The fact that Brazilians now use the term “Black Friday” scares me. Yet another americanism based in consumerism that will alter the behavior of Brazilians. Whatever they would have done tomorrow, they will now replace that behavior with going shopping. I don’t even want to ask nor hear how “Black Friday” is pronounced in Portuguese…
On top of all of it, it’s a well-known practice to jack up the “original” prices on items in order to make the discount seem larger and therefore close the sale.
While we’re on the topic of americanisms, it seemed a good time to do this.
I’ve now been hearing the odd-sounding mutation of “freelancer” (which is “freelã”…yes, I said free-la with a nasal accent) and “home office” (meaning someone who works from home, or as it could easily be said in Portuguese, “trabalho em domicílio”). So yeah, if you use the Portuguese term for the latter, either you’ll be thought a maid (though that’s less likely these days) or it’ll be understood that you work from home. Btw, these two terms I’ve been poking fun at actually describe the kind of work that I do. I’m not making fun of those who work this way.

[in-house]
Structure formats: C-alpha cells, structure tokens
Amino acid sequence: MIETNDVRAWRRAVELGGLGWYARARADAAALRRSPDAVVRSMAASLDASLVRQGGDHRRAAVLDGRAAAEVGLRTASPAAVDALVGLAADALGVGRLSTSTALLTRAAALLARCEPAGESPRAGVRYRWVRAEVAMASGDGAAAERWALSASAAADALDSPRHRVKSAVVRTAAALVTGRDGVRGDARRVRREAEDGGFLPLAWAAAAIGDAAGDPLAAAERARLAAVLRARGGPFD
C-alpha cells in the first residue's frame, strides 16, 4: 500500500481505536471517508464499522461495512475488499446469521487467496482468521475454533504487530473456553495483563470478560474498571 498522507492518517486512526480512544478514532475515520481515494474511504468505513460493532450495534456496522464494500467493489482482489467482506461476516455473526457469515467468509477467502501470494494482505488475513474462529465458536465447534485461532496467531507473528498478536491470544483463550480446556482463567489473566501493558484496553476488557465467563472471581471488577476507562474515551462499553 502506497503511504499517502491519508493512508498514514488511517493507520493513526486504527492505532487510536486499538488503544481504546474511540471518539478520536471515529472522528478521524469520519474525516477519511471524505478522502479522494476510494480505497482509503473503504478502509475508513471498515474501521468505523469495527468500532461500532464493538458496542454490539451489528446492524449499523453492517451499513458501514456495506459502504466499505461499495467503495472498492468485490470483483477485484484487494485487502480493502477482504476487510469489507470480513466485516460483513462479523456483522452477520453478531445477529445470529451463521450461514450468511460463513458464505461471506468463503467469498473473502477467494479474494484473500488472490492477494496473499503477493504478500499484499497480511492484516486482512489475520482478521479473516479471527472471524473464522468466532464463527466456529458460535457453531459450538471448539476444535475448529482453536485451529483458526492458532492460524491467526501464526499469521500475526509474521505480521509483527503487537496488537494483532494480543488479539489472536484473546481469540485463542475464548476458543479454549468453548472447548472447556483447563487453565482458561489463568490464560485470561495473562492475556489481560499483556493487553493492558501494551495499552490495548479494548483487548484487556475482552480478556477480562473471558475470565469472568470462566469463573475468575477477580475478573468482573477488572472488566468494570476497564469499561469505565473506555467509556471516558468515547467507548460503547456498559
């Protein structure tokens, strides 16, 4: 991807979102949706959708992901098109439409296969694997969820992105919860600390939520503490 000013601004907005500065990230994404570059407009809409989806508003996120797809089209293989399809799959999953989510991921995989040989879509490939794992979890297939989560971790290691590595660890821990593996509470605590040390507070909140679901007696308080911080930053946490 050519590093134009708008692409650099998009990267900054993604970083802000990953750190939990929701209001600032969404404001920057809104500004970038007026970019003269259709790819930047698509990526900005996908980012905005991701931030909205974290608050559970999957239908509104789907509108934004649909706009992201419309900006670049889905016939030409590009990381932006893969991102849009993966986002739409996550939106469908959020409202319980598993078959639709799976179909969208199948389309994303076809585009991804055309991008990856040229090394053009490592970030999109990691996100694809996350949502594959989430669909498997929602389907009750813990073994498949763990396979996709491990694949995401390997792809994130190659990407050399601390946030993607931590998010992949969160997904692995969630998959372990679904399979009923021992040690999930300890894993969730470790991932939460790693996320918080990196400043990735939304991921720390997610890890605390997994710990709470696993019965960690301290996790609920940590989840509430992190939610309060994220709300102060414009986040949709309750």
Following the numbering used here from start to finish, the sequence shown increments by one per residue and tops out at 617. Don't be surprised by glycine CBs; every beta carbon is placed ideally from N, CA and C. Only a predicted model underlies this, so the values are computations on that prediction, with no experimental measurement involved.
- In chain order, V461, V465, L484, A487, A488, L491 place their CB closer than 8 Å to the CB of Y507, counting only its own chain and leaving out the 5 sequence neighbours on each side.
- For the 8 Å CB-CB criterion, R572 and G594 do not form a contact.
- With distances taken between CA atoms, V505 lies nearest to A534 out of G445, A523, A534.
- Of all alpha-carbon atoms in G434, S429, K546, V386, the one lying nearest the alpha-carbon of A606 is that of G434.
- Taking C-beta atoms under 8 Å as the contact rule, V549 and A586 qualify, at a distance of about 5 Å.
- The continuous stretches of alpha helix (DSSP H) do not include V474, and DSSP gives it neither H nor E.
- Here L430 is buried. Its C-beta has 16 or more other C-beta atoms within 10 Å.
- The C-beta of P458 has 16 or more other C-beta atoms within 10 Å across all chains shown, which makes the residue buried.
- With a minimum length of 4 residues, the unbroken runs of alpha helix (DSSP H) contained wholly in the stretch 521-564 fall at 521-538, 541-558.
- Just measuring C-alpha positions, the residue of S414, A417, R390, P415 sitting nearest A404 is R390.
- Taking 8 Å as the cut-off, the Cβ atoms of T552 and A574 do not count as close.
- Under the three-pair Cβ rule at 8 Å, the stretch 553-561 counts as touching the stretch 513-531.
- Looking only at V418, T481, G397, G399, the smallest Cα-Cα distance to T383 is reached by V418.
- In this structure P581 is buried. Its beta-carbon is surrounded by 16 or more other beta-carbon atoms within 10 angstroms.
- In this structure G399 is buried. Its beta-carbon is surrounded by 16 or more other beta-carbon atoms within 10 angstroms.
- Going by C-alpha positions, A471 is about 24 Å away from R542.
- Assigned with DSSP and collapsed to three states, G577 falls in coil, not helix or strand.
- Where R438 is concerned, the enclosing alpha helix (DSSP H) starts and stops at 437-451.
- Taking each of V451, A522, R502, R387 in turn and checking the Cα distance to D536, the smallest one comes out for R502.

Ok, time for a fun sentence creation! “Eu trabalho como freelaahn com homey officey. Já que eu faço meu próprio horário, vou aproveitar o Blackey Fri-y-day-y“.
Yes, yes, I know, languages are living things and English itself is made up of many other languages (more specifically, 28% French, 28% Latin, 25% Germanic, 5% Greek, etc) but if it was anything like what’s happening to the Portuguese language, I wouldn’t have liked it either.